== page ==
The Structure of Social Work

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Constructing the Social, Constructing Social Work

Harlow, Elizabeth (Routledge, 2017-06-06)

Over recent times, social work has faced many challenges. This chapter does not focus on these challenges, but takes them into account when giving consideration to the construction of the profession in general, and the welfare regime of which it is a part. In giving consideration to this construction, the meaning of the ‘social’ component of ‘social work’ is deemed to be important to the identity of the profession, along with the socio-economic context from which it emerged, and to which it currently belongs. This theoretical foundation calls into question the essentialism of a fixed professional identity, but it also assumes that there is a body of practice known as social work which, over time has become associated with some prevailing features. A chronological approach to the construction of social work is taken and then a case study is offered. A concluding discussion follows on from the case study.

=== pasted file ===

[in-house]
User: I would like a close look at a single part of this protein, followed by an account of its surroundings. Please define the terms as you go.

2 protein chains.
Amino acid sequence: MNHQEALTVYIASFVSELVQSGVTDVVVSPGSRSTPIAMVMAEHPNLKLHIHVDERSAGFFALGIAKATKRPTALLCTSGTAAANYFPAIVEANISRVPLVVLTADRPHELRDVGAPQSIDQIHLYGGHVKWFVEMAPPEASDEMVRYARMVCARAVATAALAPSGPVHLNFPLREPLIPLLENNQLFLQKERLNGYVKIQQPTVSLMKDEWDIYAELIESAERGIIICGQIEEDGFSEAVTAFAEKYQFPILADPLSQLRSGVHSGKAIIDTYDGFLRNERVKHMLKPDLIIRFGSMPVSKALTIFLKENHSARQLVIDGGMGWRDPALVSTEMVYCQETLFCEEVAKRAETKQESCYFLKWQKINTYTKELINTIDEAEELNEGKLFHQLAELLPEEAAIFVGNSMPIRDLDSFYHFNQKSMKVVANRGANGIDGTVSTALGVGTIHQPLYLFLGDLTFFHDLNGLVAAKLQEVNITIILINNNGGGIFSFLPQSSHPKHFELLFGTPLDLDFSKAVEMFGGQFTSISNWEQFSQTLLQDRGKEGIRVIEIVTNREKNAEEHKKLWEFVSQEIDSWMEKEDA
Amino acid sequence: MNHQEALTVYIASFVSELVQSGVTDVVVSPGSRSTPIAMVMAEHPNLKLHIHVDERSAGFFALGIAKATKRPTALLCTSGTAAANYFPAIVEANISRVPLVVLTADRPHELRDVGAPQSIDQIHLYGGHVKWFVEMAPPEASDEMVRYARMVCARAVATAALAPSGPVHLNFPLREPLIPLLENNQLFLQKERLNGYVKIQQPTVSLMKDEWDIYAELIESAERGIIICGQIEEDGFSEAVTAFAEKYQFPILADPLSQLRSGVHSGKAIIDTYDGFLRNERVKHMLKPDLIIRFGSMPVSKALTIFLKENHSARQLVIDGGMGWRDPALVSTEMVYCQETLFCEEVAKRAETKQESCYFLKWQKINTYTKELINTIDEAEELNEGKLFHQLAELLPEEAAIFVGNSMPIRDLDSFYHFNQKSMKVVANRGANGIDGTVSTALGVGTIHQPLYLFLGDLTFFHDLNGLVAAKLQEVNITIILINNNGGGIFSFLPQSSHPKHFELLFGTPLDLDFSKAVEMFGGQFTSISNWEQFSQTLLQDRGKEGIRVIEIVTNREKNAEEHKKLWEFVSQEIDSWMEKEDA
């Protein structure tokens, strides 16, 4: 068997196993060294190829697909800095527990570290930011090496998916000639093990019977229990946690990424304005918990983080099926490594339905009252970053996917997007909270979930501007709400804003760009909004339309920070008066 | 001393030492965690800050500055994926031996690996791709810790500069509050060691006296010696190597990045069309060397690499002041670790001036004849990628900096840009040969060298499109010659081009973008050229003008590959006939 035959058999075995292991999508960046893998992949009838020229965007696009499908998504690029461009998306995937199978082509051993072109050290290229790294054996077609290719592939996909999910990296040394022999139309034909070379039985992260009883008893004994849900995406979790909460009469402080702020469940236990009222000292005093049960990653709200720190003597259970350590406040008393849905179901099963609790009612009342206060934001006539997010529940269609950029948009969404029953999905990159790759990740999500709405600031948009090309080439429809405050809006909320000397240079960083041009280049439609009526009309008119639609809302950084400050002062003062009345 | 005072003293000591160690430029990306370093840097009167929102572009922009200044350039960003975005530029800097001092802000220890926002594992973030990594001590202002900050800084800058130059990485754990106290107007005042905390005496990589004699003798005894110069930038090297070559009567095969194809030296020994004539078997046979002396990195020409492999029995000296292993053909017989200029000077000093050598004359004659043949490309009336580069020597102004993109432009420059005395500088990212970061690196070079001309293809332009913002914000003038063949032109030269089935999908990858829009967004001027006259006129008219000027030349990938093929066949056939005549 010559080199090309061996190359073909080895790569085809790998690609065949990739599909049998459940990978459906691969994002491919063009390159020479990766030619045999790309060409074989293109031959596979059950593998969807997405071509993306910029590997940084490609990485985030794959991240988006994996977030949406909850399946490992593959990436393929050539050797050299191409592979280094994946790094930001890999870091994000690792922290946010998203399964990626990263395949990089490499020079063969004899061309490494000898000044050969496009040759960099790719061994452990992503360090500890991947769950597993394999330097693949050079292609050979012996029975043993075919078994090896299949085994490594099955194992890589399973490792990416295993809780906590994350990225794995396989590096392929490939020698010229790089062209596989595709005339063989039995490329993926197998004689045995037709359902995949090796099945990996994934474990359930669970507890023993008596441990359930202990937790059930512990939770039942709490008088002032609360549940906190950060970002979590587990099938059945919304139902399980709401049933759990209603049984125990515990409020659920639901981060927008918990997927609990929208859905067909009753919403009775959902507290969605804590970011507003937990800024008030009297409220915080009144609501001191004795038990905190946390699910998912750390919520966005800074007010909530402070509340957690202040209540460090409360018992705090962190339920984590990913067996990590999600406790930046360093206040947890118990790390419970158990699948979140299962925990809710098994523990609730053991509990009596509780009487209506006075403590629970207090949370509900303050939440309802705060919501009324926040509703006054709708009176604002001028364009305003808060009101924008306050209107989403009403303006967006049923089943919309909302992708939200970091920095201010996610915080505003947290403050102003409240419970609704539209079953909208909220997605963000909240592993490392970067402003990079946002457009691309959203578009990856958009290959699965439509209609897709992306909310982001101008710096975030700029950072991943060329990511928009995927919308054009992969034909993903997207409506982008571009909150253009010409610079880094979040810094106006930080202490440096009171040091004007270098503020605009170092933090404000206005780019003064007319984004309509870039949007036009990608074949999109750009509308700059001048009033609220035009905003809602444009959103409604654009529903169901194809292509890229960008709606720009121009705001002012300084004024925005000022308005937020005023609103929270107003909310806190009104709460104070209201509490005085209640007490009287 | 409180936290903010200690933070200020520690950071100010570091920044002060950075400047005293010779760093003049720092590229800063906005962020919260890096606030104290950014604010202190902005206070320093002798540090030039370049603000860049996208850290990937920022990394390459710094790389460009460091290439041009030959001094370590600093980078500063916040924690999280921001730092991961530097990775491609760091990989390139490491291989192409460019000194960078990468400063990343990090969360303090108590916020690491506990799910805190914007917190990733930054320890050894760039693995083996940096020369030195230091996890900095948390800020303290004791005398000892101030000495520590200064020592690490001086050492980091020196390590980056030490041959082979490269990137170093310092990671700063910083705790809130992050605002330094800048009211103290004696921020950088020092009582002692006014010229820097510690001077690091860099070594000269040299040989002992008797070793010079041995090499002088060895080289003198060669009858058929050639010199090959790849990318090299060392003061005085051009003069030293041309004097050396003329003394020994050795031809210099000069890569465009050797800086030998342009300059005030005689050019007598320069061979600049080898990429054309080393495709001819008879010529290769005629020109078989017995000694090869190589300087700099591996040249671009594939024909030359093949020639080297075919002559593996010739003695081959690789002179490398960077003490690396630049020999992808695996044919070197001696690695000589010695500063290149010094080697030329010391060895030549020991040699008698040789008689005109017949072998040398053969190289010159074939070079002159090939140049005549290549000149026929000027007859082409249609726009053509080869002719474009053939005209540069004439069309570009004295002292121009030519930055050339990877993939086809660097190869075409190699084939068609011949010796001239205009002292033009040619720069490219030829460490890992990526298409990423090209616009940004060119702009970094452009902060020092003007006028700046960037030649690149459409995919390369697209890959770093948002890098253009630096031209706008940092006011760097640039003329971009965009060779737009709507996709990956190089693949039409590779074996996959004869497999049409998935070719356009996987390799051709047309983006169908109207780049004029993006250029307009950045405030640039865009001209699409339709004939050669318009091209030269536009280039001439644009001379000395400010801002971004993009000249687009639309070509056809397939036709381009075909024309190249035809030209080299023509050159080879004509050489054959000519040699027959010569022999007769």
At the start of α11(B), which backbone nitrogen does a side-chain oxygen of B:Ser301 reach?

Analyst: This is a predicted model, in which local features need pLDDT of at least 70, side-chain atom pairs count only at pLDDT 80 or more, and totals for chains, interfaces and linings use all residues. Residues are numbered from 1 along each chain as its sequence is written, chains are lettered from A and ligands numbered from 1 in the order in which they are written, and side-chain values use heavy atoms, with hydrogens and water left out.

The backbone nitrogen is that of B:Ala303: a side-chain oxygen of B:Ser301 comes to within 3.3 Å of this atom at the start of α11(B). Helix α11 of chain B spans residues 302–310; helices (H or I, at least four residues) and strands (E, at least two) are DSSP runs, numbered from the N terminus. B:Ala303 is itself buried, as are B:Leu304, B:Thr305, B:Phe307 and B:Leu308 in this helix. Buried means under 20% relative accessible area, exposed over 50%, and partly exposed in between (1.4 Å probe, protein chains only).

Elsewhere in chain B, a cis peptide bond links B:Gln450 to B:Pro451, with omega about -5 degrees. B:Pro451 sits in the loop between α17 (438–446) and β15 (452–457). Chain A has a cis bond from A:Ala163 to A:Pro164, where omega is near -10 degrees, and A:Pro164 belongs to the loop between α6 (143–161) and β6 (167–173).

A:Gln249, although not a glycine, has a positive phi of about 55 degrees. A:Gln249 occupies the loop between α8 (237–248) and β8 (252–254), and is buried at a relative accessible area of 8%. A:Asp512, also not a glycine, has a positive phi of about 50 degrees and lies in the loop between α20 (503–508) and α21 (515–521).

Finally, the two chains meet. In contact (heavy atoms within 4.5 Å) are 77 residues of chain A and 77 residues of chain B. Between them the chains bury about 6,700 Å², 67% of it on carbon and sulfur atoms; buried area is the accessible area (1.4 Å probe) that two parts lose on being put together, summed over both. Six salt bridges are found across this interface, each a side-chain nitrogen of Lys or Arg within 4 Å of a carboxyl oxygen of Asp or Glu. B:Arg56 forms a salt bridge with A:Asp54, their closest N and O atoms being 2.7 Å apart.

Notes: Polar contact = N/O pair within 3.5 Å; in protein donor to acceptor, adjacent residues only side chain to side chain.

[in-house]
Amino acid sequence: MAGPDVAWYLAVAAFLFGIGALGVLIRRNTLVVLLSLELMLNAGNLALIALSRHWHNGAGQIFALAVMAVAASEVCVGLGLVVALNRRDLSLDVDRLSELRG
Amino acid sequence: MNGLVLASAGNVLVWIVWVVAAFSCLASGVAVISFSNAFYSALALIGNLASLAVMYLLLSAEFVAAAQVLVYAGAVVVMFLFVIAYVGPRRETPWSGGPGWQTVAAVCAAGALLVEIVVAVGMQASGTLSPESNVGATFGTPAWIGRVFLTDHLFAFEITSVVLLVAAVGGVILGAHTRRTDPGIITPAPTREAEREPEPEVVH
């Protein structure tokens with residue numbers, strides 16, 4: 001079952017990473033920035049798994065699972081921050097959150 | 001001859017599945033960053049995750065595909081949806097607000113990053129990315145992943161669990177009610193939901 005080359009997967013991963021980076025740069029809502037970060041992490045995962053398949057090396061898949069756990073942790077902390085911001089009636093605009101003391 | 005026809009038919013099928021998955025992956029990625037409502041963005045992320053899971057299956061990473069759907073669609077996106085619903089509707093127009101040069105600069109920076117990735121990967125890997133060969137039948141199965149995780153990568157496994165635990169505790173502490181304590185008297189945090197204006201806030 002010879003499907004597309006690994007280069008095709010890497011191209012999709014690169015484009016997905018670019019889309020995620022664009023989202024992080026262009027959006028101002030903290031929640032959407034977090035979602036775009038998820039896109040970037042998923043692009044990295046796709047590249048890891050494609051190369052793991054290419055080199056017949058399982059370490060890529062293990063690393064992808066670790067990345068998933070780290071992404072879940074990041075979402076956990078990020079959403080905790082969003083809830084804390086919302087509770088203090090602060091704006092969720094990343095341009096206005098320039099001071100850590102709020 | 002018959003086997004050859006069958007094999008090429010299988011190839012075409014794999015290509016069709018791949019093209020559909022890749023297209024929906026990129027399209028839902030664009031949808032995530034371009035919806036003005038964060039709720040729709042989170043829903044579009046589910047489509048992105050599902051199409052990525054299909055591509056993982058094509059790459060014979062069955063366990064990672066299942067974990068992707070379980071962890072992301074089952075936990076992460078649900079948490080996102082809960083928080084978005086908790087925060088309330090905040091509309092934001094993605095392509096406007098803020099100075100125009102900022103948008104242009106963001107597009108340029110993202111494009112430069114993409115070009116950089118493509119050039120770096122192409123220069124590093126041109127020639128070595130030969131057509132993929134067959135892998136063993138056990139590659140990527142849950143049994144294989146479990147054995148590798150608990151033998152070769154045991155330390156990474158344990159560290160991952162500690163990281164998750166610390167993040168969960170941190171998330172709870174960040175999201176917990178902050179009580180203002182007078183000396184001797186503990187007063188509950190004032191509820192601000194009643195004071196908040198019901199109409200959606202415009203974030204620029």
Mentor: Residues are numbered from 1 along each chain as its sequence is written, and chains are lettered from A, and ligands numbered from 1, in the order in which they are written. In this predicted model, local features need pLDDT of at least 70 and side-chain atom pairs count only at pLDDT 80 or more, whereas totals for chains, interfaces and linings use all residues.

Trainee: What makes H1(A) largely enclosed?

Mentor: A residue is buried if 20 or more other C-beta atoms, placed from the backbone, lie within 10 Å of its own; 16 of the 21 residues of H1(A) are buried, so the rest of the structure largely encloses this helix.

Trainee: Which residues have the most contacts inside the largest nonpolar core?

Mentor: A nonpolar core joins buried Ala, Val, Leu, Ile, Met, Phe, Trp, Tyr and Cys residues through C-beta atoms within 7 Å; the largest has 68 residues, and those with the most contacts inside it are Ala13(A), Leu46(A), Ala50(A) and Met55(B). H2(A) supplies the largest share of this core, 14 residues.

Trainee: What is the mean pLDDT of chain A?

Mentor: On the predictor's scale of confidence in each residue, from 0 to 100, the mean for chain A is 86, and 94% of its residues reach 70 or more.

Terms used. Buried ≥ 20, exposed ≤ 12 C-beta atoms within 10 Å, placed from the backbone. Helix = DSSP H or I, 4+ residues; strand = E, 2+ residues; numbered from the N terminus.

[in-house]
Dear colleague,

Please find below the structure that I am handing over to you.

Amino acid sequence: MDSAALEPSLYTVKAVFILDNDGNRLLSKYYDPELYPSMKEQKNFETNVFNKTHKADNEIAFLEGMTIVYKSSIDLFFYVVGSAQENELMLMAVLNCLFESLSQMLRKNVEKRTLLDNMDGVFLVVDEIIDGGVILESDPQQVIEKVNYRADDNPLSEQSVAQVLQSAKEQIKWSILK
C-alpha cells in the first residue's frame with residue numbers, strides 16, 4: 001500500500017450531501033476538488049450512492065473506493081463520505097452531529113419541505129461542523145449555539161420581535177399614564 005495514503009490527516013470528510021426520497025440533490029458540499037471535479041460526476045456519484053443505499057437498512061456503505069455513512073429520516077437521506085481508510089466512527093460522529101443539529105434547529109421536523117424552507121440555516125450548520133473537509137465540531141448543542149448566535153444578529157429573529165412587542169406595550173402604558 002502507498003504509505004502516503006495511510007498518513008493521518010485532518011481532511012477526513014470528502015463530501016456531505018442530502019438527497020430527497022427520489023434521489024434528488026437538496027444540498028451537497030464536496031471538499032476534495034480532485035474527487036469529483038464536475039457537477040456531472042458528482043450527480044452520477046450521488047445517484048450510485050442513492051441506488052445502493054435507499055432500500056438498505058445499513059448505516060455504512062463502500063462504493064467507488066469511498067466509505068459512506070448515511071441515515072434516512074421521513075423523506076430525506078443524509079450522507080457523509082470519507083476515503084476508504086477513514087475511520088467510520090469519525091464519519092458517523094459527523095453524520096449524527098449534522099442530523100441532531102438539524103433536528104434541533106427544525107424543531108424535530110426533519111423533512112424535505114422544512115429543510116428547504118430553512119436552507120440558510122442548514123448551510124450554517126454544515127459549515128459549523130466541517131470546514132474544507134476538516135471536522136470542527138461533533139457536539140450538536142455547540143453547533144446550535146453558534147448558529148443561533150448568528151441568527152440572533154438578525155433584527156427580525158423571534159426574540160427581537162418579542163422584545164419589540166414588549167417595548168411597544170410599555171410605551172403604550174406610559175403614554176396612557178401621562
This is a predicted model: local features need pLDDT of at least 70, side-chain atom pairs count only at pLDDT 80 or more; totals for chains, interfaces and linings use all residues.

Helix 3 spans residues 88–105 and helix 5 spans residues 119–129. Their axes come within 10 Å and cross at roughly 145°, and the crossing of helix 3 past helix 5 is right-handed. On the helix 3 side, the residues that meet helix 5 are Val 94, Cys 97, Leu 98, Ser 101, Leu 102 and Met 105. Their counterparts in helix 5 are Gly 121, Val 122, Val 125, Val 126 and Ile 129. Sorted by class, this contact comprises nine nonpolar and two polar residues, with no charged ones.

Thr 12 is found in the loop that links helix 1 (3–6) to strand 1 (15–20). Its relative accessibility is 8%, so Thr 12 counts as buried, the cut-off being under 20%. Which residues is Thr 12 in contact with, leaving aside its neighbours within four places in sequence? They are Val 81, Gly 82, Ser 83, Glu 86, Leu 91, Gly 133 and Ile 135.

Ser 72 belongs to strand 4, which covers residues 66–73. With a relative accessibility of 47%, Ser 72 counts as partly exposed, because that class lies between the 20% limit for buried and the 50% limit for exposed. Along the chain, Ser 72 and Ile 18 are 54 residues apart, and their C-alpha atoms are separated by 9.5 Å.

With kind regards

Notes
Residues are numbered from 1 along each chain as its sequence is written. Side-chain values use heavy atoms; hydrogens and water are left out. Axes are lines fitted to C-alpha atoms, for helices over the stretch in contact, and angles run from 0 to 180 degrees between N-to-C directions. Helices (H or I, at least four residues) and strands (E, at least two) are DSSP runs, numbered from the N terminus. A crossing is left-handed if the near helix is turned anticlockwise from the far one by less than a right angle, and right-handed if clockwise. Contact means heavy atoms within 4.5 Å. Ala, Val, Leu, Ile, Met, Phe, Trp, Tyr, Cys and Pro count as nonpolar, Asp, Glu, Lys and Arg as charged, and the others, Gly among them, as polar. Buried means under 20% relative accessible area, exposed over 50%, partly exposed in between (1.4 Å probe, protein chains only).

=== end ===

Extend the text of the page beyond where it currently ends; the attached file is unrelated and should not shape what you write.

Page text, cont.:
Neoliberalism, managerialism and the reconfiguring of social work in Sweden and the United Kingdom

Harlow, Elizabeth; Berg, Elizabeth; Barry, Jim; Chandler, John (SAGE, 2013-07-01)

This paper considers some of the ways in which neoliberalism, through the processes of managerialism, has impacted on the occupation of social work in Sweden and the UK. It is argued that there are similar implications in both countries, through the managerial drive for increased performance in economy, efficiency and effectiveness, but also in the development of evidence based practice. Whilst the key focus of the paper is on similarities between these two countries, differences are also noted. There is also recognition of the way in which resistance to the reconfiguration of social work is taking shape.